Rena owner to pay $38m in clean-up costs

10/3/2012

New Zealand has reached a multi-million dollar deal with the owner of the Rena, the containership ship that ran aground off the country’s North Island, spilling fuel oil and containers as it broke up.

Daina Shipping, a subsidiary of Greece-based company Costamare Shipping, has agreed to pay up to NZ$38 million (US$31.5m) towards clean-up costs.

The Filipino captain of the Rena recently issued a public apology for the catastrophe and for trying to cover up his role.

Mauro Balomaga was deported after serving half of a seven-month jail term following the vessel’s grounding on the Astrolabe reef near the port of Tauranga on 5 October.

Balomaga admitted taking a shortcut on the way to the port, but said he was surprised that the Rena ploughed into the reef — even though it had showed up on the ship’s radar 15 minutes before the grounding.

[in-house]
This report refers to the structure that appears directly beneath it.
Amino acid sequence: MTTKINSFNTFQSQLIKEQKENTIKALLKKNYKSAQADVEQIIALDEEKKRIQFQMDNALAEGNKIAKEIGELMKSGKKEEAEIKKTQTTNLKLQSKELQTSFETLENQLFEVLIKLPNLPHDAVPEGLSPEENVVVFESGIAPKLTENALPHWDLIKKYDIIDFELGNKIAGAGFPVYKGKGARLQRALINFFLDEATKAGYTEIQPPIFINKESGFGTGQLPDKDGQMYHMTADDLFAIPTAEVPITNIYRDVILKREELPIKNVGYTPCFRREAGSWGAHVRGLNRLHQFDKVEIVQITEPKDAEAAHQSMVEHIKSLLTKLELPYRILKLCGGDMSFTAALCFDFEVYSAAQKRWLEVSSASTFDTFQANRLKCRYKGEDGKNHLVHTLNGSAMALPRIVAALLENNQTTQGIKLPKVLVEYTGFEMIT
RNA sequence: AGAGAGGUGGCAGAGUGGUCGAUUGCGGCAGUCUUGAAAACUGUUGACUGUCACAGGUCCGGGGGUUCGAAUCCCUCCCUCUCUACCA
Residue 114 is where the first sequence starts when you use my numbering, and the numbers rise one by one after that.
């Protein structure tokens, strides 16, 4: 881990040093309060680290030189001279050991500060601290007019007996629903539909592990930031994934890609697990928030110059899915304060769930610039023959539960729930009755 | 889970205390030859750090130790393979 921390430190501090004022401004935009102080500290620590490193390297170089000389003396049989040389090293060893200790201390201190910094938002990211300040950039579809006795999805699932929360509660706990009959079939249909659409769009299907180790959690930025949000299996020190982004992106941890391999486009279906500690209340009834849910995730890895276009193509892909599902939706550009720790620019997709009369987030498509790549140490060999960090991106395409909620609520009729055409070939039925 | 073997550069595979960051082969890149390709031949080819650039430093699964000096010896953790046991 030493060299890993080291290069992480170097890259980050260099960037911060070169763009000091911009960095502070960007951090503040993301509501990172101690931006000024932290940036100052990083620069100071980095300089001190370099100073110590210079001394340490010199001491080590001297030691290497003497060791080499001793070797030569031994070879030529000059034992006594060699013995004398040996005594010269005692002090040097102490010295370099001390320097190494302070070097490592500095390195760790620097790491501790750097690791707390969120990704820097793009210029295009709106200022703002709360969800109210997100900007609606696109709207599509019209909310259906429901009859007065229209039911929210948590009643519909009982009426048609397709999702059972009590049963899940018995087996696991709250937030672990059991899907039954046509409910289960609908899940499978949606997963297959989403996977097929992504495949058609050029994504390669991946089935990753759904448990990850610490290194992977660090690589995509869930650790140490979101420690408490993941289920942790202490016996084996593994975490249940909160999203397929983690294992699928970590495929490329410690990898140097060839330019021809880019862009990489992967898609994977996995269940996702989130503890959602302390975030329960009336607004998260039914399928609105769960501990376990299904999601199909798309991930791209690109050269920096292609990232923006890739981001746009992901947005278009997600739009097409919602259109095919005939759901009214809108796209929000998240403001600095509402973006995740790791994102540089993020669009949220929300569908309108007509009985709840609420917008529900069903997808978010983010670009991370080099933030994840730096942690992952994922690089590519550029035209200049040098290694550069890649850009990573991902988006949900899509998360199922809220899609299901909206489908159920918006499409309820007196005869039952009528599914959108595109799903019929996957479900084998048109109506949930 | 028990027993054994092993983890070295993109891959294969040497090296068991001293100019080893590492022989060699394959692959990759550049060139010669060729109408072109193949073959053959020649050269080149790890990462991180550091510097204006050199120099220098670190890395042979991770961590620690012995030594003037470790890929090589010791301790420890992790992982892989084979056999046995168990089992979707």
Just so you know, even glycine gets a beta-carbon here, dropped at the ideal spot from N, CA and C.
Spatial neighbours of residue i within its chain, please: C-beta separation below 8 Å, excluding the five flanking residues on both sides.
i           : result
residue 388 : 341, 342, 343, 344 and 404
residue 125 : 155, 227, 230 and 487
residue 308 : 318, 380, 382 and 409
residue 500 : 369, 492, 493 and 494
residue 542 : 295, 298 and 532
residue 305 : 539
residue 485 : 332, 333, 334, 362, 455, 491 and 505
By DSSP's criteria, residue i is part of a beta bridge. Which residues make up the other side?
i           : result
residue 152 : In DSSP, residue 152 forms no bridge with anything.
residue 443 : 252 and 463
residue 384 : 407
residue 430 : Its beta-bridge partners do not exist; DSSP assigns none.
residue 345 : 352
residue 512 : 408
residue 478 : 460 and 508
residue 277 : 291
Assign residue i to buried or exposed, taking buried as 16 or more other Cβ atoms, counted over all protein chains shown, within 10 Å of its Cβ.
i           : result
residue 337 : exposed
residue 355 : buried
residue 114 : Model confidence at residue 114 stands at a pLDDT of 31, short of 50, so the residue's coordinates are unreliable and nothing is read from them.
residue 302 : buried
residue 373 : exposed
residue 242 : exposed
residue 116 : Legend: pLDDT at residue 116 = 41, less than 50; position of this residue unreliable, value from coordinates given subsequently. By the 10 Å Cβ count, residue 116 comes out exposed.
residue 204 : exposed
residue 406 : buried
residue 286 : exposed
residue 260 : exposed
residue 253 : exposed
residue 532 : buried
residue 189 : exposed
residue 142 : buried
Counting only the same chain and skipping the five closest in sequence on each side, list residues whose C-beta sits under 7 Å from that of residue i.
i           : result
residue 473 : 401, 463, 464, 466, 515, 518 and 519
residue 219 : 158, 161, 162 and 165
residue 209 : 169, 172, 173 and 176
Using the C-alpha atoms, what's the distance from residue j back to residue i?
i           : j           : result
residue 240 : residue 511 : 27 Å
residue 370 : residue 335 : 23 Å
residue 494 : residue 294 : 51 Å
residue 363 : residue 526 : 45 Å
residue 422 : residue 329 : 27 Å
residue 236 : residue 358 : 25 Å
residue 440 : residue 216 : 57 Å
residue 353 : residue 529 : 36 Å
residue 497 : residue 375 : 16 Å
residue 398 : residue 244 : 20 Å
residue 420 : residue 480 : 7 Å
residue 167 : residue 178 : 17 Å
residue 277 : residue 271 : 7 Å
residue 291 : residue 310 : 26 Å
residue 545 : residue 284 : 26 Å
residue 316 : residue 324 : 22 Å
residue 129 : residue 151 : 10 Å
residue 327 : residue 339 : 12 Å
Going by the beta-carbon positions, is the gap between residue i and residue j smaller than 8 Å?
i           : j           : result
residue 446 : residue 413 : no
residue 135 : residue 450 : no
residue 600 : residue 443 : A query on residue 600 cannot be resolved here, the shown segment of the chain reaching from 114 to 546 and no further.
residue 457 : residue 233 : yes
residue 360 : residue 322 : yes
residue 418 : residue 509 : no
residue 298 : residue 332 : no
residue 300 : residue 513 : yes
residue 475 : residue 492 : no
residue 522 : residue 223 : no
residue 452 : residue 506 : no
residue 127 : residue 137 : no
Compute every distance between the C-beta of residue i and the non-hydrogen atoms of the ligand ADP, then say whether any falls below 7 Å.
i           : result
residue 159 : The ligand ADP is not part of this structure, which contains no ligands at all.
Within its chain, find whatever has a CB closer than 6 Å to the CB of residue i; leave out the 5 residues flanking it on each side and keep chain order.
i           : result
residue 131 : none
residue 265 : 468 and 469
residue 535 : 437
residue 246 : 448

Under the agreement Daina Shipping will pay compensation of NZ$27.6m for clean-up costs, a New Zealand government statement said.

It will also pay NZ$10.4m if the company ends up leaving part of the wreck in place, reflecting reduced salvage costs.

Transport Minister Gerry Brownlee said the company had "negotiated constructively" towards a deal which represented "the best possible outcome for the people of New Zealand".

So far the incident has cost NZ$47m, the government claimed.

Konstantinos Zacharatos, of Daina Shipping, called the deal “a vital step forward in our progressive resolution of all the issues”, in a statement with Maritime New Zealand.

Brownlee added: “These agreements allow New Zealand to move on from what was, from an environmental standpoint, the worst maritime disaster in our history." 

Ongoing salvage operations have been hampered by high winds and swells, but the project remains on schedule to be completed by the end of the year.

With the arrival of a crane barge and a specialised team of divers from the US, underwater salvage operations are expected to gather pace, said Maritime NZ.

The crane barge – which operates from deeper water at the aft end of the bow section – can raise significantly larger pieces of steel (up to 40 tonnes) than helicopters.